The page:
Utility values were obtained in two ways: by mapping to the Asthma Quality of Life Questionnaire (AQL-5D) from AQLQ; and by mapping to the 3-level version of the EuroQol-5 Dimension (EQ-5D-3L) from AQLQ. The AQL-5D is derived from the AQLQ, a disease-specific questionnaire, and can be used in economic evaluation. It was decided to also map to EQ-5D-3L since data derived using the EQ-5D-3L is generally preferred by health technology assessment agencies when undertaking economic evaluation. The two questionnaires use different value sets to calculate the utility data, which results in similar, but not identical values.
The mapping from AQLQ to EQ-5D-3L and AQL-5D was done using previously developed algorithms [26, 27]. The mapping produced utility values for each patient at each scheduled and unscheduled visit in the trial. These utilities were entered into a mixed effects ML regression analysis, which estimated the predicted utility for well controlled asthma, and the predicted disutility of moving from well controlled asthma to the four health states of partially controlled asthma, uncontrolled asthma, moderate exacerbation and severe exacerbation’ (Fig. 2). The model of estimated EQ-5D-3L and AQL-5D can be seen in Supplement 1.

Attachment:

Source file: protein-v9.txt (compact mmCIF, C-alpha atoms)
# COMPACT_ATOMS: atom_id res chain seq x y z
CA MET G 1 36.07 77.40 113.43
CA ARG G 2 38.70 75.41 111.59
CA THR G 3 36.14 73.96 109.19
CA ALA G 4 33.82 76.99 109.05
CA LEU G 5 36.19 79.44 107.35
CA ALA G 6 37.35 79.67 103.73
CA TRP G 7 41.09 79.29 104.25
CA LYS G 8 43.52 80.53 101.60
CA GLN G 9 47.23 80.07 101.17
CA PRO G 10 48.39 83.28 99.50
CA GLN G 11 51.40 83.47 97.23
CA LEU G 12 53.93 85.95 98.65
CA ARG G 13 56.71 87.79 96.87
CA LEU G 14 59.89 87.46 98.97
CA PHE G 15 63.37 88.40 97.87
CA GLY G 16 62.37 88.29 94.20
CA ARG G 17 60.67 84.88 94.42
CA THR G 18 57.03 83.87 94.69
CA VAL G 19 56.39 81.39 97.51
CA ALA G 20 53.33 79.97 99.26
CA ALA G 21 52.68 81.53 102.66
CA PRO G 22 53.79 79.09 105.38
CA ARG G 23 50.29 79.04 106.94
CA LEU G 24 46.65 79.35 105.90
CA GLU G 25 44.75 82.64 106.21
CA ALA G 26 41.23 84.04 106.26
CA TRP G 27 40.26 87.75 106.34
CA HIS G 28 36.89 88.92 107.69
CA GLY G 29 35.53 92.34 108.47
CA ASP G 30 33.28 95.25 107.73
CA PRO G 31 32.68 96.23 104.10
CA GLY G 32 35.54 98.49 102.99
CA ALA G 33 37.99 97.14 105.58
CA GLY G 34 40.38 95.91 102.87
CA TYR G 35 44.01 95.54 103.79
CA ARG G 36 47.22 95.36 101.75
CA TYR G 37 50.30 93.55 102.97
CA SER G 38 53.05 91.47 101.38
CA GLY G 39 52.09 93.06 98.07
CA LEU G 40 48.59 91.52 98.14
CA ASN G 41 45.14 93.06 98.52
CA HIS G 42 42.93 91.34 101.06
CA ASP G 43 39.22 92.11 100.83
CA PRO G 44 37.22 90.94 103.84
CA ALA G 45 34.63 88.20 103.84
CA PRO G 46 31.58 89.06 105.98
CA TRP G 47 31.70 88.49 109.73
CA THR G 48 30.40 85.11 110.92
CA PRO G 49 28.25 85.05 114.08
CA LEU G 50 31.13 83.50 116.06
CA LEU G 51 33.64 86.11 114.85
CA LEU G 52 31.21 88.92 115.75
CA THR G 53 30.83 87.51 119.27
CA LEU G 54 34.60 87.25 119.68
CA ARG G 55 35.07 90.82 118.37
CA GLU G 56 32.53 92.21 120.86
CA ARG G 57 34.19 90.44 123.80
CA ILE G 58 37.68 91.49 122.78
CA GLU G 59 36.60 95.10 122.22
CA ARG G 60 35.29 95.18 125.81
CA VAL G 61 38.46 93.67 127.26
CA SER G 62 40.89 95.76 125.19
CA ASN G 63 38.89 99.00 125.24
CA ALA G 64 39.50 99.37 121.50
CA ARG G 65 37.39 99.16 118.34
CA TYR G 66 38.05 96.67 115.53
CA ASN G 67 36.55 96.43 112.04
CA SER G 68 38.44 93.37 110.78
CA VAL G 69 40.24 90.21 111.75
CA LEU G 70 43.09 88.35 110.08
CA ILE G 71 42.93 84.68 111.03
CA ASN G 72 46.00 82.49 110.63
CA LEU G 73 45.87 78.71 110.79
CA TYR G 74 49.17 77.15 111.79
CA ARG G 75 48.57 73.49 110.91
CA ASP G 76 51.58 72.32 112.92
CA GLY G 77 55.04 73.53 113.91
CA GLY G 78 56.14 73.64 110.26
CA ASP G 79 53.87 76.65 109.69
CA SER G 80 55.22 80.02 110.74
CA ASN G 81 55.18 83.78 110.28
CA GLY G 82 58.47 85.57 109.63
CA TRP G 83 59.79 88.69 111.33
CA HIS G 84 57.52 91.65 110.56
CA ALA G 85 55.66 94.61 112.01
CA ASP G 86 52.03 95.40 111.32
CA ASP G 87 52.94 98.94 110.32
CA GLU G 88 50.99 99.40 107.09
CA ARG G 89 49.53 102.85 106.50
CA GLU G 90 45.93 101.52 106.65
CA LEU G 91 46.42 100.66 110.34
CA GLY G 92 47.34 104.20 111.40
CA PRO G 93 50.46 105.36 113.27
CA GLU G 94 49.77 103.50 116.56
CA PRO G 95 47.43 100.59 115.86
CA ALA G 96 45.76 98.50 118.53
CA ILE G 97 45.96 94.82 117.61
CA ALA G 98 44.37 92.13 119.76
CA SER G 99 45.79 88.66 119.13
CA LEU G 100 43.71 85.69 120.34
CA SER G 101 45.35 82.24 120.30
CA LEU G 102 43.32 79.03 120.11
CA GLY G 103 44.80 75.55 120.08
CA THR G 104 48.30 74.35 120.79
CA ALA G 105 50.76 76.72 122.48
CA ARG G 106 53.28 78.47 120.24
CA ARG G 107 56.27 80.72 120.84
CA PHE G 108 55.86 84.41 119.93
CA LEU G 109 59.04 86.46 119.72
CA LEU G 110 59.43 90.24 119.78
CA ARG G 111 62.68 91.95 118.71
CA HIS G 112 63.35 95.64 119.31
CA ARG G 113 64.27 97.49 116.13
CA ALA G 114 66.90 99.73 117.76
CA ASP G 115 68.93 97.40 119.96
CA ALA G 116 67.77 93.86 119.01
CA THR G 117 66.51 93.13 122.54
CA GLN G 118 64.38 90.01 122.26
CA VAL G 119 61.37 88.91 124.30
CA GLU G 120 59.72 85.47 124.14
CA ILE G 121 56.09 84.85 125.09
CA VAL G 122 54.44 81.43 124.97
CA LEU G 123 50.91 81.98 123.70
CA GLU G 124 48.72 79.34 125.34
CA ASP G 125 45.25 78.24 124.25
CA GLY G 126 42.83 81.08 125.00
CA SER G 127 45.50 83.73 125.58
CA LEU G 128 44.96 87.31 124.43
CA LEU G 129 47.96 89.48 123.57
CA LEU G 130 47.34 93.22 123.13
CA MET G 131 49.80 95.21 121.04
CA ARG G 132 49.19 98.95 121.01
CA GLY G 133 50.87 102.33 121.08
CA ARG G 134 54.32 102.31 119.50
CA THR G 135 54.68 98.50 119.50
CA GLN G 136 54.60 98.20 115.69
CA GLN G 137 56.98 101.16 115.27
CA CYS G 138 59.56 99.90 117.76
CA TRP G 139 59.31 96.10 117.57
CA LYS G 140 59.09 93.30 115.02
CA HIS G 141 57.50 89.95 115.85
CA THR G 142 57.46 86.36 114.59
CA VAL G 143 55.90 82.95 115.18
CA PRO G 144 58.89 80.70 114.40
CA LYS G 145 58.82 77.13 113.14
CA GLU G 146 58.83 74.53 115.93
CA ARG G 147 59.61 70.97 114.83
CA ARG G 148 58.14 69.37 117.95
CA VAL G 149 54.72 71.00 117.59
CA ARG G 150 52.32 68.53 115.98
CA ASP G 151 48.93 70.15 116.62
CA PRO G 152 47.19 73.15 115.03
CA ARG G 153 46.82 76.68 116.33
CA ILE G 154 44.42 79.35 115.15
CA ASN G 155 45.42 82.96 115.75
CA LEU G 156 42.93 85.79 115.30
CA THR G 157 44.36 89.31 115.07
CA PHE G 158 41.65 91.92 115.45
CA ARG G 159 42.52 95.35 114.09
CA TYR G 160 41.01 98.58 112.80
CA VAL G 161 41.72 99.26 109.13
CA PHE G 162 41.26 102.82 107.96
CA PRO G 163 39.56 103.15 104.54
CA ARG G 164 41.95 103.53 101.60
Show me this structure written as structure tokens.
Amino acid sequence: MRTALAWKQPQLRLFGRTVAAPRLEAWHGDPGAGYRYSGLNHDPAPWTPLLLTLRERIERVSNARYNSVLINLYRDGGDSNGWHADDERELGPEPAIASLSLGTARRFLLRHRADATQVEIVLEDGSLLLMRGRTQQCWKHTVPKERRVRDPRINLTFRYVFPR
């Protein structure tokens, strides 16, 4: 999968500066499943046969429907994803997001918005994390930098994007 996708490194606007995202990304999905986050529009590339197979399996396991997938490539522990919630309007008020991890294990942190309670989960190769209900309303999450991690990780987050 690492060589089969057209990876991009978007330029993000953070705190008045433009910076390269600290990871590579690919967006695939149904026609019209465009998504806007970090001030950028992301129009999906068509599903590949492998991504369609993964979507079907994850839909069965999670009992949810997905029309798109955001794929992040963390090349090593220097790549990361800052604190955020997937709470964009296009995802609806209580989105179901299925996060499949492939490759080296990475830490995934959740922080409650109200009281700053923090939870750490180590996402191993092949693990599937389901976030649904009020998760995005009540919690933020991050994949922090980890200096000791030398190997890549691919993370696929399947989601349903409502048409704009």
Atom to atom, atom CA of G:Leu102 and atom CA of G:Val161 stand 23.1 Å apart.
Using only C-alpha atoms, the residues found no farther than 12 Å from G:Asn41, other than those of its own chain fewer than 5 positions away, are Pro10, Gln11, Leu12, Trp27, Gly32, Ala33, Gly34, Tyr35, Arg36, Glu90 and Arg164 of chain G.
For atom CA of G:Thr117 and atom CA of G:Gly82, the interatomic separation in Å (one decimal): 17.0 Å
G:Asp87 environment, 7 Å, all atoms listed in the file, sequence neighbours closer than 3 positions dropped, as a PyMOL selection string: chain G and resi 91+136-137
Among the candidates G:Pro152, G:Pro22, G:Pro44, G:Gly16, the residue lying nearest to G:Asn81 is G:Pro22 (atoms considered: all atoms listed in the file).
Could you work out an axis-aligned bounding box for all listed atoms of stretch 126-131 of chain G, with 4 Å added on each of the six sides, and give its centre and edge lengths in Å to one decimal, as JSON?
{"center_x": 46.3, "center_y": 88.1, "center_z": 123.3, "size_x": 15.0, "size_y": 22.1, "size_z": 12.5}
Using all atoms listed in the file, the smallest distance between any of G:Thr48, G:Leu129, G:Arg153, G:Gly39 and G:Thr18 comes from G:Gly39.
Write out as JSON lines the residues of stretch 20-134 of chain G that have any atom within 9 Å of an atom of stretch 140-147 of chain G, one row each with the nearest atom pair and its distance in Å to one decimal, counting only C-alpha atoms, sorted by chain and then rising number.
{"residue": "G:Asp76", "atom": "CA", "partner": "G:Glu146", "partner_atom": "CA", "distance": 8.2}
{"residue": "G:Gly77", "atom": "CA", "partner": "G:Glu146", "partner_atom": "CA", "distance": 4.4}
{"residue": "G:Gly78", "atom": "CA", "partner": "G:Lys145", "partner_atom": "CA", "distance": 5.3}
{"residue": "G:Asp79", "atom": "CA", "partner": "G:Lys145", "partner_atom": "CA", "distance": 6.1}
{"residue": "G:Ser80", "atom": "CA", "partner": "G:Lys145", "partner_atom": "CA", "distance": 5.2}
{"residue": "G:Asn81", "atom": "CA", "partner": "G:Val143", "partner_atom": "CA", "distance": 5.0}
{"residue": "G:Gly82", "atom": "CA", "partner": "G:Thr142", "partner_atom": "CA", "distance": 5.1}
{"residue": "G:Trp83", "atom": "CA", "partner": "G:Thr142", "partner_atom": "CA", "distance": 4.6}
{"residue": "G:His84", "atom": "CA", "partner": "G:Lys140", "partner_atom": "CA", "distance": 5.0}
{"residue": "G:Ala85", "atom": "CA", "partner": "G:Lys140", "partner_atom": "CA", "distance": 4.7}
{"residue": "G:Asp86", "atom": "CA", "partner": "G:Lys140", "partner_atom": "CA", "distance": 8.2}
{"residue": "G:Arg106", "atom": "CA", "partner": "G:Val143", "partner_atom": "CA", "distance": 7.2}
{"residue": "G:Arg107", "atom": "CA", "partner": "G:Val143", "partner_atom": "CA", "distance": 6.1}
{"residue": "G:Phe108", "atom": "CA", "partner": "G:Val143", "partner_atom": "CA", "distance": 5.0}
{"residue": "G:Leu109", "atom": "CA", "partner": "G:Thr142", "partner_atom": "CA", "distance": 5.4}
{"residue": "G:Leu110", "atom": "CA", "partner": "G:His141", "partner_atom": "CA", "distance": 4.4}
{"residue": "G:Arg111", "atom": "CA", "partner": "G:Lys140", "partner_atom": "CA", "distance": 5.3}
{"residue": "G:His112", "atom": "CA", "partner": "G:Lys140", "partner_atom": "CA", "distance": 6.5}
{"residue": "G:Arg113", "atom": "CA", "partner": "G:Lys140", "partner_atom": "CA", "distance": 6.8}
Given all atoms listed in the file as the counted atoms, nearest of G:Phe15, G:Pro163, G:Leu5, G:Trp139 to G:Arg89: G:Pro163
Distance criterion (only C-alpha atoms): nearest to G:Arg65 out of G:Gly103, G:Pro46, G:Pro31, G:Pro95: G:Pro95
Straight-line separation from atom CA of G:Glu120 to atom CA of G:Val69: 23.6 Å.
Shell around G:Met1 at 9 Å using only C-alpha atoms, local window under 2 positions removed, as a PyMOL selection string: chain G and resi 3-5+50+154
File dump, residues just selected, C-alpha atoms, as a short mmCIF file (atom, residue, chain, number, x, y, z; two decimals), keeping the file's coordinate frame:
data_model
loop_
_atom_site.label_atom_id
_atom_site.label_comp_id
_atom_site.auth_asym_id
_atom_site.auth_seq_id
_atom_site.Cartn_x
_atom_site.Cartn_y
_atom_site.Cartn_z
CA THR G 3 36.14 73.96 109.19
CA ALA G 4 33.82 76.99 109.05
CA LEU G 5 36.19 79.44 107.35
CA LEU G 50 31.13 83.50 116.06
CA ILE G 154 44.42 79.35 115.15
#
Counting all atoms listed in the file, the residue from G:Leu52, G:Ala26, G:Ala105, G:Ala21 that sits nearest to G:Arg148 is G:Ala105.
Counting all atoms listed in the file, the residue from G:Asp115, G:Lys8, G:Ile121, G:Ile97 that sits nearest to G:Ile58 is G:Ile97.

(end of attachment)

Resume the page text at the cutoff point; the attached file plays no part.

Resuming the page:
MT-04 patient details and asthma control
Seven hundred forty-two patients completed the trial and were included in the full analysis set . Four hundred eighty-five patients received the active treatment (237 6 SQ-HDM SLIT, 248 12 SQ-HDM SLIT) and 257 received a placebo. The patient baseline characteristics and patient discontinuations are reported elsewhere . At randomisation the percentage of patients reported to have partly controlled asthma was similar in the two groups (active treatment: 71%; placebo: 72%).
Duration of exacerbations
Two hundred four patients experienced a moderate or a severe exacerbation during period 3 of the trial. E-diary data demonstrated that moderate and severe exacerbations involved statistically significant reductions in lung function (morning and evening) compared to the average constant peak expiratory flow (PEF) observed for patients who did not experience exacerbations (Fig. 3). For both moderate and severe exacerbations lung function reduction occurred for about 28 days and started to decrease approximately 14 days before an exacerbation followed by a gradual return to baseline over 14 days.